The Universe of Discourse
Mon, 10 Nov 2008

Gabriel's Horn is not so puzzling
Take the curve y = 1/x for x ≥ 1. Revolve it around the x-axis, generating a trumpet-shaped surface, "Gabriel's Horn".

Elementary calculations, with calculus, allow one to show that although the Horn has finite volume, it has an infinite surface area. This is considered paradoxical, because it says that although an infinite amount of paint is required to cover the interior surface of the horn, the entire interior can be filled up with a finite amount of paint.

The calculations themselves do not lend much insight into what is going on here. But I recently read a crystal-clear explanation that I think should be more widely known.

Take out some Play-Doh and roll out a snake. The surface area of the snake (neglecting the two ends, which are small) is the product of the length and the circumference; the circumference is proportional to the diameter. The volume is the product of the length and the cross-sectional area, which is proportional to the square of the diameter.

Elementary Calculus: An Infinitesimal Approach
Elementary Calculus: An Infinitesimal Approach
with kickback
no kickback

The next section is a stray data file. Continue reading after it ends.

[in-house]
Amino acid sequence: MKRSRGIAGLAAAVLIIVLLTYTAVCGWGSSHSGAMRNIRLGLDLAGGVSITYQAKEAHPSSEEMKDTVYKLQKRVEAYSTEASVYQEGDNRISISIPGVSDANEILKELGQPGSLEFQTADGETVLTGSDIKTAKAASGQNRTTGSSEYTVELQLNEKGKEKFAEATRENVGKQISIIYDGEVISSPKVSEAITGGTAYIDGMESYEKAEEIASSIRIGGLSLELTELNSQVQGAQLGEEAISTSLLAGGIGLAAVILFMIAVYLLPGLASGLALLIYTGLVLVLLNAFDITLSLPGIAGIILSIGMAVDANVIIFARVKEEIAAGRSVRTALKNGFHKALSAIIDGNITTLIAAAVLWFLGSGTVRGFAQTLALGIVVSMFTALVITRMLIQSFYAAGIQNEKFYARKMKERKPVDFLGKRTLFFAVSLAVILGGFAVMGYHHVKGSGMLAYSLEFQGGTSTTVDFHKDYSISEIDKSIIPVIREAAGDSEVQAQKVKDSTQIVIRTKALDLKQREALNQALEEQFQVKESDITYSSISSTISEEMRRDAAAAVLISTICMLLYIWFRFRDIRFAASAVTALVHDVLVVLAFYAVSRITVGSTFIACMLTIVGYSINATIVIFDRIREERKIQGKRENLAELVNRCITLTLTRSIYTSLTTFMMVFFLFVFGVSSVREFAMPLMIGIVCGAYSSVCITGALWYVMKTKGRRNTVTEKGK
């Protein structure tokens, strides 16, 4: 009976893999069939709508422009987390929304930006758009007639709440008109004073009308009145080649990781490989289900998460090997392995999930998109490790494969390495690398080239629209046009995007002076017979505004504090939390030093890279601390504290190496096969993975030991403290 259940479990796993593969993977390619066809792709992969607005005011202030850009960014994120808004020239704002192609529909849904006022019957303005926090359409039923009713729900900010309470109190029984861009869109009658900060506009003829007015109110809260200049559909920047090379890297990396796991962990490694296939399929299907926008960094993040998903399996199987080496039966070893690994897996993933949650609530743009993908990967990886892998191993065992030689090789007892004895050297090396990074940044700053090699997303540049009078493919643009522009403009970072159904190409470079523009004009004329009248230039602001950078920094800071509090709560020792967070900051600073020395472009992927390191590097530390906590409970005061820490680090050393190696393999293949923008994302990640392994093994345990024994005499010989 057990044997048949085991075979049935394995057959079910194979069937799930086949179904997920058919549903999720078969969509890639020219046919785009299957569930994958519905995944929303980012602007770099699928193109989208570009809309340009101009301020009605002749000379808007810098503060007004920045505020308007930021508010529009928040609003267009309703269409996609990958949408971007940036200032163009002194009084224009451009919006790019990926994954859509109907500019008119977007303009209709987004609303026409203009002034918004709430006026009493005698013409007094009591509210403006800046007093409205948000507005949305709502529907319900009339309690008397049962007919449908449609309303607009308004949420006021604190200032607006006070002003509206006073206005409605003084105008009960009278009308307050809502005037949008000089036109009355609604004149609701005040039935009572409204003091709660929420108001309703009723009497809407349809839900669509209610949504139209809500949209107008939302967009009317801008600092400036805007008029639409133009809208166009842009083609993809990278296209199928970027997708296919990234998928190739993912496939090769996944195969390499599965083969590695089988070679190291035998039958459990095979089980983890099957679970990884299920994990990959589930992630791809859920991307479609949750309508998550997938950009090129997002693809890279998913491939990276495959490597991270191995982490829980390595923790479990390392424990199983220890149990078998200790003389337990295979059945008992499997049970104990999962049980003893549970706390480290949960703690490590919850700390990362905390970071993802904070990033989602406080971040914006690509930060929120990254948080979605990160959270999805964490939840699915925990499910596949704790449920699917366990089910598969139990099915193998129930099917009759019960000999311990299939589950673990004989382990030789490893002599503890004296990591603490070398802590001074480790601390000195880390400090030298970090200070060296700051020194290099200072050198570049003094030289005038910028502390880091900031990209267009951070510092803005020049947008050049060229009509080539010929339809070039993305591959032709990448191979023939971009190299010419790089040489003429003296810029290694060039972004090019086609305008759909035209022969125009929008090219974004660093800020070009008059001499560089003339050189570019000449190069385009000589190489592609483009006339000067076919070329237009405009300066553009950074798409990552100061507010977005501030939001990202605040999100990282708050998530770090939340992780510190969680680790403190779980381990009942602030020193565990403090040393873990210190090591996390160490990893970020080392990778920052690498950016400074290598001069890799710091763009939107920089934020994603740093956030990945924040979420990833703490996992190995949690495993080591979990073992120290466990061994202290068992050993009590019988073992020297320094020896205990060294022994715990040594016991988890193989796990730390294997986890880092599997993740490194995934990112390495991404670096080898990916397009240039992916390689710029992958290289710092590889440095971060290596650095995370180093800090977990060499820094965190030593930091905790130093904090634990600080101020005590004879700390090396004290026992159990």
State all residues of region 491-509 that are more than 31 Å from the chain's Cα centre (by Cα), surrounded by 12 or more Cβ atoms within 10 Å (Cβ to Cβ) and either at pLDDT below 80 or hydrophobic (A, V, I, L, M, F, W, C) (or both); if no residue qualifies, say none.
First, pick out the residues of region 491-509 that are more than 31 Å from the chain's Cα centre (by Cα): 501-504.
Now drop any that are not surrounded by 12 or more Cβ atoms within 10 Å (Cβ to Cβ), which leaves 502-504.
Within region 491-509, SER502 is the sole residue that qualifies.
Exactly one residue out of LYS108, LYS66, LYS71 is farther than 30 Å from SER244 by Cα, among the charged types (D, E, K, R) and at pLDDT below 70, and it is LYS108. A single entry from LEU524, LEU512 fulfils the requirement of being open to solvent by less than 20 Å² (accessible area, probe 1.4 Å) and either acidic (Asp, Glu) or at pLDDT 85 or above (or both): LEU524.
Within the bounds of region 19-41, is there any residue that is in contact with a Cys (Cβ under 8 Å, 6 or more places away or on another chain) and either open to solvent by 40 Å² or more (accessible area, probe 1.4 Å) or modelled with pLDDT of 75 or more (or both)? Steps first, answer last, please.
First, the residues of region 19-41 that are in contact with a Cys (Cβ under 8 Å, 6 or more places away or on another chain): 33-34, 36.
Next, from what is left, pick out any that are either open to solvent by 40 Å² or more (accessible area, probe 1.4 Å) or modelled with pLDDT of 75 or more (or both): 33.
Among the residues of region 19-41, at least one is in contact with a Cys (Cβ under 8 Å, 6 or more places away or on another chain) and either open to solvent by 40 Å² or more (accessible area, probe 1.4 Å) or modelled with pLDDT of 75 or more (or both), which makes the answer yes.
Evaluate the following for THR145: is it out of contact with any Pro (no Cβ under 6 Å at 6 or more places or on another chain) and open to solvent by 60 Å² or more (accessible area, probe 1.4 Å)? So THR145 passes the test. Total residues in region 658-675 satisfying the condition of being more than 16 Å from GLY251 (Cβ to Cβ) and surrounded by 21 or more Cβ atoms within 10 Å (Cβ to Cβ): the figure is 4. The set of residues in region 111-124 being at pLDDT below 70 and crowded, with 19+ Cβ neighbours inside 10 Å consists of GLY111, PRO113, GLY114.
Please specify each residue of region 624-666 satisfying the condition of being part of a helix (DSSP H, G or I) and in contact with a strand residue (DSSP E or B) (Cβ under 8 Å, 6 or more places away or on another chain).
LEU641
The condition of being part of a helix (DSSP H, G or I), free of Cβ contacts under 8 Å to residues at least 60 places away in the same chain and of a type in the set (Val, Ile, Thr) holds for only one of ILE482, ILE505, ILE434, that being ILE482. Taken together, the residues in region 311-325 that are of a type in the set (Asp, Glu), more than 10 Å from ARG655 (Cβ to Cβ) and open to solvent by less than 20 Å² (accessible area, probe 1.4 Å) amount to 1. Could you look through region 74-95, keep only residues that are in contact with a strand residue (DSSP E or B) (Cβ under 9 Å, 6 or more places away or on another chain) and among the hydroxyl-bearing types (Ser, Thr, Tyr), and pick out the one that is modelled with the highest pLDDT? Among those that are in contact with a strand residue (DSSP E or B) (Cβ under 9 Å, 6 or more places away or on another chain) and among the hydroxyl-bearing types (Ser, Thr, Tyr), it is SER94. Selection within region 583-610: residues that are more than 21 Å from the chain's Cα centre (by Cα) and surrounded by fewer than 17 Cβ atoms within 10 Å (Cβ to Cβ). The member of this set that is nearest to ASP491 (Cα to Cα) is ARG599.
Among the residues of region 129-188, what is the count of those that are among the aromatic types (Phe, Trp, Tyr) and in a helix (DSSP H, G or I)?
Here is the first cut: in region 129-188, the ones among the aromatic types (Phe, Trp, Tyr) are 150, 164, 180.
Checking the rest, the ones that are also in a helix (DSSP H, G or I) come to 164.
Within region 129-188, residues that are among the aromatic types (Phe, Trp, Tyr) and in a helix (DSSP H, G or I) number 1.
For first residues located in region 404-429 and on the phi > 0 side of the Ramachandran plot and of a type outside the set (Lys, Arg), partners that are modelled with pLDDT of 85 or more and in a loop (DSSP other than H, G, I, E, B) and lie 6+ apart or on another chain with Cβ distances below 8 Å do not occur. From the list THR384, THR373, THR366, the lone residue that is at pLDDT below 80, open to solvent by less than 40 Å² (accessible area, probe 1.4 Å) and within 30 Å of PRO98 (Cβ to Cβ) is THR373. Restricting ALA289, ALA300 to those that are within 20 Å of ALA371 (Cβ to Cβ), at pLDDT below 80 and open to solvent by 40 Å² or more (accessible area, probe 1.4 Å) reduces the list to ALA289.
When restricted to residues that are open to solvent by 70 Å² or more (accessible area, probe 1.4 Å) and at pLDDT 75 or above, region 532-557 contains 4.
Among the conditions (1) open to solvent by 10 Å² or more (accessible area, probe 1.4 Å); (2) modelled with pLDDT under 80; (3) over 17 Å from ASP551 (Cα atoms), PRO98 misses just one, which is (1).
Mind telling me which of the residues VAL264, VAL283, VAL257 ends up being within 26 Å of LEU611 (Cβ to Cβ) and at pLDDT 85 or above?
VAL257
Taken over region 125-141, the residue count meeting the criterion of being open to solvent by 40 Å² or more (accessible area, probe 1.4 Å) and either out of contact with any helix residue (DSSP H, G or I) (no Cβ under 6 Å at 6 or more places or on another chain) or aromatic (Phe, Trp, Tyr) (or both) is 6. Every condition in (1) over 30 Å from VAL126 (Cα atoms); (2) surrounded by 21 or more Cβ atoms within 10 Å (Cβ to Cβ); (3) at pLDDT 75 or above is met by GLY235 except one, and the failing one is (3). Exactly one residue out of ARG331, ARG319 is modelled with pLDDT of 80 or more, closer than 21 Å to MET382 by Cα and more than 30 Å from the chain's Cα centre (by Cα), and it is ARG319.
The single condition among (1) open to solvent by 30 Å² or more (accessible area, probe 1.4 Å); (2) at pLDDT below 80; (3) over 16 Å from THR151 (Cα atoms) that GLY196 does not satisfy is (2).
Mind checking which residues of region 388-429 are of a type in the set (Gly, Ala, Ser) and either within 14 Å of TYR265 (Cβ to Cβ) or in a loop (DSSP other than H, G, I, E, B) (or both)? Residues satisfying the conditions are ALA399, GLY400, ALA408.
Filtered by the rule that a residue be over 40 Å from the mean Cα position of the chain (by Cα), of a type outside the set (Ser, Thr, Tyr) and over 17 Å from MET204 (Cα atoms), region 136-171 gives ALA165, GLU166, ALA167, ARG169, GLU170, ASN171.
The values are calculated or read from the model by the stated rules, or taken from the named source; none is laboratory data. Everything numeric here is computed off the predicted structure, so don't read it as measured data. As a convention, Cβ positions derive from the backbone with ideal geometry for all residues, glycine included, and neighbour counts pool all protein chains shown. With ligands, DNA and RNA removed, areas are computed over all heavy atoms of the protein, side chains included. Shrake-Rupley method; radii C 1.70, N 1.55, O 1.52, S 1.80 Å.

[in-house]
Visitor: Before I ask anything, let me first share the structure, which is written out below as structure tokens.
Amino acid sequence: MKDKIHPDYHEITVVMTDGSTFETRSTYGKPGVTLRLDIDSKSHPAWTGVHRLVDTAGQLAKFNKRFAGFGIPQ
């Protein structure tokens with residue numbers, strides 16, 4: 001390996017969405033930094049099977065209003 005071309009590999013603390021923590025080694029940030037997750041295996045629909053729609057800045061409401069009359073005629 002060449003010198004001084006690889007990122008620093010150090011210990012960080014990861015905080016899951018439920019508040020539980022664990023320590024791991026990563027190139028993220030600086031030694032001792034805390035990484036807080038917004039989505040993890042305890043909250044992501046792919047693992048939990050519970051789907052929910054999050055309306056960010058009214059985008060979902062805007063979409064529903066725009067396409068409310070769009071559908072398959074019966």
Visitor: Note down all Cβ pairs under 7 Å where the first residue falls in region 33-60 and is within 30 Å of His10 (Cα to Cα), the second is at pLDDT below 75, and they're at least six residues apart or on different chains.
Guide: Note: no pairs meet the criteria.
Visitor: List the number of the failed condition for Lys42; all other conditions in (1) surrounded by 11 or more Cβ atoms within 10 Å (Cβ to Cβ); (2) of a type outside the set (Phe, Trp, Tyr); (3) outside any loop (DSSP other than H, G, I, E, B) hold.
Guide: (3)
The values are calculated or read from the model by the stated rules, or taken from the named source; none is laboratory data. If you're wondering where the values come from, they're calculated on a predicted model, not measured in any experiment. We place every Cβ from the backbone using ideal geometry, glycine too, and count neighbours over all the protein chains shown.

Now roll the snake with your hands so that it becomes half as thick as it was before. Its diameter decreases by half, so its cross-sectional area decreases to one-fourth. Since the volume must remain the same, the snake is now four times as long as it was before. And the surface area, which is the product of the length and the diameter, has doubled.

As you continue to roll the snake thinner and thinner, the volume stays the same, but the surface area goes to infinity.

Gabriel's Horn does exactly the same thing, except without the rolling, because the parts of the Horn that are far from the origin look exactly the same as very long snakes.

There's nothing going on in the Gabriel's Horn example that isn't also happening in the snake example, except that in the explanation of Gabriel's Horn, the situation is obfuscated by calculus.

I read this explanation in H. Jerome Keisler's caclulus textbook. Keisler's book is an ordinary undergraduate calculus text, except that instead of basing everything on limits and on limiting processes, it is based on nonstandard analysis and explicit infinitesimal quantities. Check it out; it is available online for free. (The discussion of Gabriel's Horn is in chapter 6, page 356.)

[ Addendum 20081110: A bit more about this. ]

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